Universe Today is hosting the Carnival of Space for a second week. This time, it’s the mighty carnival #4. Once again, we’ve got a round-up of cool space-related articles from writers and bloggers. If you want to get involved, and maybe even host the carnival in a future week, you can find out more at the Carnival of Space website. Thanks for dropping by, I hope you enjoy the stories.
First up, Chris Lintott takes us into the submillimetre spectrum. And it’s looking good.
At Cumbrian Sky, Stuart Atkinson is dreads the day when one of the Mars rovers dies. Not tonight…
The Astronomy Picture of the Day submits a dark night over Death Valley, and highlights the dangers of encroaching light pollution.
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Deborah Byrd from the EarthSky Blogs is wondering is the line between science and science fiction is beginning to blur with the search for Spock’s homeworld.
From hi-tech to low-tech. Do modern assumptions about astronomical observation work when looking at astronomy in ancient societies? Alun Salt from Clioaudio ponders that question.
Alan Boyle from MSNBC’s Cosmic Log reports that James “Scotty” Doohan’s ashes have been found.
Centauri Dreams considers our future, when the Milky Way and Andromeda galaxy crash into one another. Who keeps the Sun?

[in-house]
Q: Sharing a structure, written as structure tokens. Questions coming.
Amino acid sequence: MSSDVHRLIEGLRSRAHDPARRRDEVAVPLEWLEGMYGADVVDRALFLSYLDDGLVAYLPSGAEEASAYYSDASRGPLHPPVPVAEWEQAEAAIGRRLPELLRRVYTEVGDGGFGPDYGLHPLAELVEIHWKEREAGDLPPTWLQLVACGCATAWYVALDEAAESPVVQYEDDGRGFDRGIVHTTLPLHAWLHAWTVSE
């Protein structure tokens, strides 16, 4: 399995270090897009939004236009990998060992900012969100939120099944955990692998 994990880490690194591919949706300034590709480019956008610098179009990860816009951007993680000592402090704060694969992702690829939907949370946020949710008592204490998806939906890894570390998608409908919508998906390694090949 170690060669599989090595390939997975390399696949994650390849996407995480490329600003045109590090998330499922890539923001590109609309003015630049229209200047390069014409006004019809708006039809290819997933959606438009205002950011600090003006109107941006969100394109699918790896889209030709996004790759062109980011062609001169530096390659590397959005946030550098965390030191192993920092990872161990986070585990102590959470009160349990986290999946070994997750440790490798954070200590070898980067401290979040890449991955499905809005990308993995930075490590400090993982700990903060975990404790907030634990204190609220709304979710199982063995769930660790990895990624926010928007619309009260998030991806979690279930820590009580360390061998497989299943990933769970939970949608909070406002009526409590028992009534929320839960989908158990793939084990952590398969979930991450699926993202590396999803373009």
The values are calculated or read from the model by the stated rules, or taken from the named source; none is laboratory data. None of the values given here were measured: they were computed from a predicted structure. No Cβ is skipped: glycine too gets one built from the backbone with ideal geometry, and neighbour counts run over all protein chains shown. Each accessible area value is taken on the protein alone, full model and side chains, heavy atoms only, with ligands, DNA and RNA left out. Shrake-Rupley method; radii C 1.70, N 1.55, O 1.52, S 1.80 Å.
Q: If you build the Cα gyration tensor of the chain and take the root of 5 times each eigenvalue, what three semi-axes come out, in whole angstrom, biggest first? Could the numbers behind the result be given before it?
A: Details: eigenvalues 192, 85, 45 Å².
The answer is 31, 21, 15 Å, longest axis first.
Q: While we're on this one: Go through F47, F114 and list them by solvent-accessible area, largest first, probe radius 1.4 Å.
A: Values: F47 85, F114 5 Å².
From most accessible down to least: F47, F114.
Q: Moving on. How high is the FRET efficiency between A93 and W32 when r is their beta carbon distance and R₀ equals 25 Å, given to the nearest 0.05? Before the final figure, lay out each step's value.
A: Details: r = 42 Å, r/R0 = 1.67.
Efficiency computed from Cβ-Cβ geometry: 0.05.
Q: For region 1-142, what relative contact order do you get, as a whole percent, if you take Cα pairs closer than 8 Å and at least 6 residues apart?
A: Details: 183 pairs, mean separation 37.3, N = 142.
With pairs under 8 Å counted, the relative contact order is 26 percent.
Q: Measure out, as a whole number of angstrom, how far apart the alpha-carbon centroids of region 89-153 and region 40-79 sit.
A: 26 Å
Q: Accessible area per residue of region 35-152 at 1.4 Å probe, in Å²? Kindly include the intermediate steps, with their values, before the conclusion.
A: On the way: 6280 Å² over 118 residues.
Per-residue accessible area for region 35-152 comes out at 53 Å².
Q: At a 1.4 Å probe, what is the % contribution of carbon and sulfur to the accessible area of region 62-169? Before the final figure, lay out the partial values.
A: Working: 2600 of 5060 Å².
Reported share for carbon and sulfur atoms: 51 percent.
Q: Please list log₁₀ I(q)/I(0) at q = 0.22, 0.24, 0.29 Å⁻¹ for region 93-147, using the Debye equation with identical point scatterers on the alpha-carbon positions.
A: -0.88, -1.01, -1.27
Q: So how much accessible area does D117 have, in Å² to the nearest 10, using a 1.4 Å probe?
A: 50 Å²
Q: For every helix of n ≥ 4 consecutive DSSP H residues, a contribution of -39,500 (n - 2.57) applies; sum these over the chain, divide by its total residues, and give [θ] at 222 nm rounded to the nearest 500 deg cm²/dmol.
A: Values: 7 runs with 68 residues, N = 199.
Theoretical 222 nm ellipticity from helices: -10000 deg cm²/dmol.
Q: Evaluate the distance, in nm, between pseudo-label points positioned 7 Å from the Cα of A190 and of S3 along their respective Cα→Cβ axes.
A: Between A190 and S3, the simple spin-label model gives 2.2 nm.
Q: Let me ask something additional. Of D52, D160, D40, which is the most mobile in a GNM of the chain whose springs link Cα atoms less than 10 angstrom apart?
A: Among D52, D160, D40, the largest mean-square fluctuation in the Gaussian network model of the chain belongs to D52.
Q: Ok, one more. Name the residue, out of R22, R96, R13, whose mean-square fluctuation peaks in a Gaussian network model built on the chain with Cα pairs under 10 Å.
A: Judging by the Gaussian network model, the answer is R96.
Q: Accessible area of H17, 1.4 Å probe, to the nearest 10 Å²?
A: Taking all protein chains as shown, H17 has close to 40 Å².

Amanda Bauer is a fan of robots for space exploration, especially those hardworking Mars rovers. But is it time to enact the three laws of robotics?
A Babe in the Universe blog reports on the new dedication for the SOFIA airborne observatory.
Getting to space isn’t easy. Staying fit in space is hard too. Read this post from James Watt.
Pamela Gay explains the wonders of jets. No, not airplanes; the torrents of particles blasting away from black holes, new stars, and now, a brown dwarf.
Robert Pearlman at collectSPACE has been following the launch of the Shuttle Launch Experience, a new $60 million simulator designed to deliver to tourists at the Kennedy Space Center Visitor Complex the feelings and emotions during a ride to orbit. collectSPACE will be covering the public opening on Friday, but before then, they got an early look inside.
Ian Musgrave from Astroblog has news on an exotic Neptune-sized world covered in hot ice.
Terraforming Mars. Is that a good idea, or a bad idea? Colony Worlds weighs in with an opinion.
Would you rather see a hundred thousand acres of restored prairie or the same space covered by solar collection arrays? Thought so. But only 62 miles away is nearly limitless room and sunshine undiluted by an inconvenient atmosphere. Brian Dunbar has his opinion.
And finally, I look forward 3 trillion years into our lonely future.
Thanks to everyone who participated, and thanks for letting me be the host. I had a blast. I’ll see you next week at the next stop in the Carnival of Space.